Everything was stacked against them.

The readership of the Globe was 53% Catholic, and between the Irish and the Italians, who made up nearly a quarter of Boston’s population, they were in reality, an audience not ready for the story. In fact all of the Spotlight team were either lapsed Catholics, or had left the Church, hoping to return someday.

Reporter Mike Rezendes, played by Mark Ruffalo, had developed a source – a former priest who for the last 30 years had worked in clinical psychiatry studying what made these priests not only break their vows of celibacy, but also go down the even darker road of sexual abusing children.

By his figures, based on 30 years of research, this Sipes told Rezendes that he figured that roughly six percent of all priests fit into that category, those who act out sexually.. Now Boston had approximately 1500 priests – so six percent of that figure would be 90.

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TNT rolled out a new series this past Sunday night. They call it Agent-X, and they’ve slotted it directly against The Good Wife and Homeland in the 9:00 PM slot. Not a good sign for media buyers.

I mean if I had advertising dollars to spend, and I had to considered ratings as the primary justification, then why would I be spending money against the likes of not one but two award-winning and long-running TV series? Right, there’s an answer somewhere, but it is a bit murky to explain.

Agent-X headlines Sharon Stone as the Vice President of the United States, Jeff Hephner from Kelsey Grammer’s Boss, and NBC’s Chicago Fire as John Case – a poor man’s James Bond sans 00 status and much more of a working-man undercover agent, than Bond’s sophisticated Brit.

Stone has just been sworn in as the country’s VP and she’s been given the key to what is called the Vice-Presidential Mansion. Chief Justice Caleb Thomas who swore her in was played James Earl Jones. As VP, we soon learn that Stone has some specialized duties as spelled out in an heretofore unknown section of the US Constitution.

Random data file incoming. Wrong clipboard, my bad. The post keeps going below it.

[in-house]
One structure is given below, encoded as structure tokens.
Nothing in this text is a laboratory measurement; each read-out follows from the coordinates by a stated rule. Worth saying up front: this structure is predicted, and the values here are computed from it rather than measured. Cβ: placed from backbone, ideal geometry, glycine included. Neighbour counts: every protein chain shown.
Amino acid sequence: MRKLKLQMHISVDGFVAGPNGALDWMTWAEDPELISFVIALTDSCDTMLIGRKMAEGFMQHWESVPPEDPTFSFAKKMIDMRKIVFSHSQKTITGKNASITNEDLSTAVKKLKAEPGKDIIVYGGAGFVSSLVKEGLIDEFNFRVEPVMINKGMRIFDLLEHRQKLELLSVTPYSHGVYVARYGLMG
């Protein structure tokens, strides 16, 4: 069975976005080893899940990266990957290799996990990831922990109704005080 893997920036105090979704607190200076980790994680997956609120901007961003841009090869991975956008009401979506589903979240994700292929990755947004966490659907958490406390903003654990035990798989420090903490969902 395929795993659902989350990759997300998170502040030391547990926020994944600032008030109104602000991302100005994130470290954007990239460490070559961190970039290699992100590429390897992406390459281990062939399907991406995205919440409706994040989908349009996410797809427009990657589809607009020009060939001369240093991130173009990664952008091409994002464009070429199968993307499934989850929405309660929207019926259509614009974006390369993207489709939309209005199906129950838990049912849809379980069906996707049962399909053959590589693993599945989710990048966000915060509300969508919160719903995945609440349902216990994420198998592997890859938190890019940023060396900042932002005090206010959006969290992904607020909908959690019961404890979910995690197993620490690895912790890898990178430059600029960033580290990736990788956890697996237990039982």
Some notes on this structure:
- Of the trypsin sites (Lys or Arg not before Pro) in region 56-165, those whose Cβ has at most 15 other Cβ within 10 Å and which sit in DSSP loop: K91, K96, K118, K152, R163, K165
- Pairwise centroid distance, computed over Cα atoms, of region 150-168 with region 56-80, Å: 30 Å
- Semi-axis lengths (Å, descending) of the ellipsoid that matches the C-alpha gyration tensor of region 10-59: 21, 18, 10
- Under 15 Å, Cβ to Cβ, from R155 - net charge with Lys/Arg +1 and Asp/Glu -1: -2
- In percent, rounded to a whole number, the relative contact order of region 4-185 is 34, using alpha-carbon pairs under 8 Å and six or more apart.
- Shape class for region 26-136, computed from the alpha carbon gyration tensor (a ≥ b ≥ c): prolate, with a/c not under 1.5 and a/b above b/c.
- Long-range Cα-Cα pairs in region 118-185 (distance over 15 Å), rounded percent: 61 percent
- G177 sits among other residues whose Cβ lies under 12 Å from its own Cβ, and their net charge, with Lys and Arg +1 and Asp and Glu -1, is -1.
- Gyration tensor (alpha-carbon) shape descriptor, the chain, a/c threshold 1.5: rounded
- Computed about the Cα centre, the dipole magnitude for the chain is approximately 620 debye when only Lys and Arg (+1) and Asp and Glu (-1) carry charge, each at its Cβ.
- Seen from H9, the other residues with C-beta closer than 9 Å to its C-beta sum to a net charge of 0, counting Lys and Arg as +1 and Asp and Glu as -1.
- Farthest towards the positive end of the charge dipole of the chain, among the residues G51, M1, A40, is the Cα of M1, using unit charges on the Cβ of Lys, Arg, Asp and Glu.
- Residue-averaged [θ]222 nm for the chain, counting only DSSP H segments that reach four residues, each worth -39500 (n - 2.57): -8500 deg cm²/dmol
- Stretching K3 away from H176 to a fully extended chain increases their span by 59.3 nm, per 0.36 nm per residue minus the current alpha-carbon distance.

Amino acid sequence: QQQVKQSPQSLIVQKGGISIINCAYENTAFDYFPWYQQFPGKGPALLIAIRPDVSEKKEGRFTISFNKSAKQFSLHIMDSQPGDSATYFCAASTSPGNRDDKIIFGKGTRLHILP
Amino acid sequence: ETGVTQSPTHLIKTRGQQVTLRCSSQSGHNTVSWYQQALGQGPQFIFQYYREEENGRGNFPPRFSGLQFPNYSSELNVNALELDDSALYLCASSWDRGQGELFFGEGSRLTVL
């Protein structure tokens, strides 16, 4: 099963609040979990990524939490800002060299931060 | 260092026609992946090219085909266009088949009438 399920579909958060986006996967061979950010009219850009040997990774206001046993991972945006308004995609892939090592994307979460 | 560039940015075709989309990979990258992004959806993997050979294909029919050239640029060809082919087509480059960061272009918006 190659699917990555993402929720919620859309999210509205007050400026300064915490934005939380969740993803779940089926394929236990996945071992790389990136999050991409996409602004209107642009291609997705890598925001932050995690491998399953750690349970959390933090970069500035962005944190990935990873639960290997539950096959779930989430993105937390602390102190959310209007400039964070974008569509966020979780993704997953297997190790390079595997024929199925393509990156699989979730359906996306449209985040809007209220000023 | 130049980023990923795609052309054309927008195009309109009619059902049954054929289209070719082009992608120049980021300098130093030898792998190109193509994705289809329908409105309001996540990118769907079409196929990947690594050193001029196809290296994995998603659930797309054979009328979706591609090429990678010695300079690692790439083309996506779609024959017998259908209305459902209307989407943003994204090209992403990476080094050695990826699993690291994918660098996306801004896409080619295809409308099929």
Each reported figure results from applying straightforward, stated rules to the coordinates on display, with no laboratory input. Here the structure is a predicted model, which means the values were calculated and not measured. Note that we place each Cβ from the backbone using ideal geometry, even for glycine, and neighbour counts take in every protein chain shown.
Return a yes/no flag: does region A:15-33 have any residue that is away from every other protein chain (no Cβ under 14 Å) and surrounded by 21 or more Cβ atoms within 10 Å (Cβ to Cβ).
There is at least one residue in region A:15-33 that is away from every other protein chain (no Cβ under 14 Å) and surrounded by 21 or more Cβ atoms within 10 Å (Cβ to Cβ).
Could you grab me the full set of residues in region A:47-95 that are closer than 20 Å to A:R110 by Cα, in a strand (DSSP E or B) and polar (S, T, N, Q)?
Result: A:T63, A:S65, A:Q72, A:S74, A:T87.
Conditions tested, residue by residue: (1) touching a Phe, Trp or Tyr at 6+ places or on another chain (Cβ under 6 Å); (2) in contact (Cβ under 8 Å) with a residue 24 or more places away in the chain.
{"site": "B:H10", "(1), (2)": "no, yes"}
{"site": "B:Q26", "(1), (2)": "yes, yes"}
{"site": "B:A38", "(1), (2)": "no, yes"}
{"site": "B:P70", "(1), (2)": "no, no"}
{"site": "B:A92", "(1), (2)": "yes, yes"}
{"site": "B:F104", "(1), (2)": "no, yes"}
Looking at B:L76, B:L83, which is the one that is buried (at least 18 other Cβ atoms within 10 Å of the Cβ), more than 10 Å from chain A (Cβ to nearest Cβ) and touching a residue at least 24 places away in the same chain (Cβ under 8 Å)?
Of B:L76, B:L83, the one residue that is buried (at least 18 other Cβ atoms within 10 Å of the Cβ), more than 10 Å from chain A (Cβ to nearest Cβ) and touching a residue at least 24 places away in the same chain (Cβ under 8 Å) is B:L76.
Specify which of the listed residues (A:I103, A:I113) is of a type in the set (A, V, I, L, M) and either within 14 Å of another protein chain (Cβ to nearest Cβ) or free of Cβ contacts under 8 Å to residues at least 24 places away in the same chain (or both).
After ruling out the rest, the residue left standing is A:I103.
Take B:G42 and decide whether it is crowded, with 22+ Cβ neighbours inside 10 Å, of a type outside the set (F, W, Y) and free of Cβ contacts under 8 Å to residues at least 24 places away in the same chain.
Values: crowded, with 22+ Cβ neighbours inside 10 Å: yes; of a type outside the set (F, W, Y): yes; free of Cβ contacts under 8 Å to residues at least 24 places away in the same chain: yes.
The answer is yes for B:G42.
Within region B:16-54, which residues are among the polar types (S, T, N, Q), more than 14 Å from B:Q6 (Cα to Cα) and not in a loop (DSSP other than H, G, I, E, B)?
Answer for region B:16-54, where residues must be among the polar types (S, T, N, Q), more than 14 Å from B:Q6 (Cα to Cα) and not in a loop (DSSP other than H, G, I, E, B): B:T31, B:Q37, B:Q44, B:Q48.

She has special powers to invoke, in short, she may take any and all steps necessary to protect the Constitution (and the country) against any enemies (both foreign and domestic) that would seek to do harm. She has off the books powers and no one, including the President himself may ever be told anything (to ensure plausible deniability, of course).

Running these black ops from the operational end is Gerald McRaney (who was recently brilliant as Raymond Tusk in Season Two of House of Cards) as Malcolm Millar, ostensibly the Chief Steward (Butler) to the VP but in actuality, he’s the Assistant to the Vice President, as well as being the Man Behind the Curtain, or the ‘M’ of Agent X.

John Shea plays President Eckhardt, and Jamey Sheridan plays Stanton – the FBI Director.

TNT gave us both the Pilot (S1 Ep 1) and The Enemy of My Enemy (S2 Ep 2) on opening night. So Stone’s Maccabee is quickly in play with the cloak and dagger stuff. And you thought the Vice President was a mere figure-head.

The meat and potatoes of the Pilot is that FBI Director Stanton’s daughter, a college student at Georgetown, has been kidnapped. The kidnappers are willing to release this daughter only if a certain spy – Olga Petrovka is released – a standard exchange. Only Petrovka is a nasty customer. She’s played by Olga Fonda. Petrovka can easily be labeled as a terrorist herself, and John Case had his hands full in capturing her.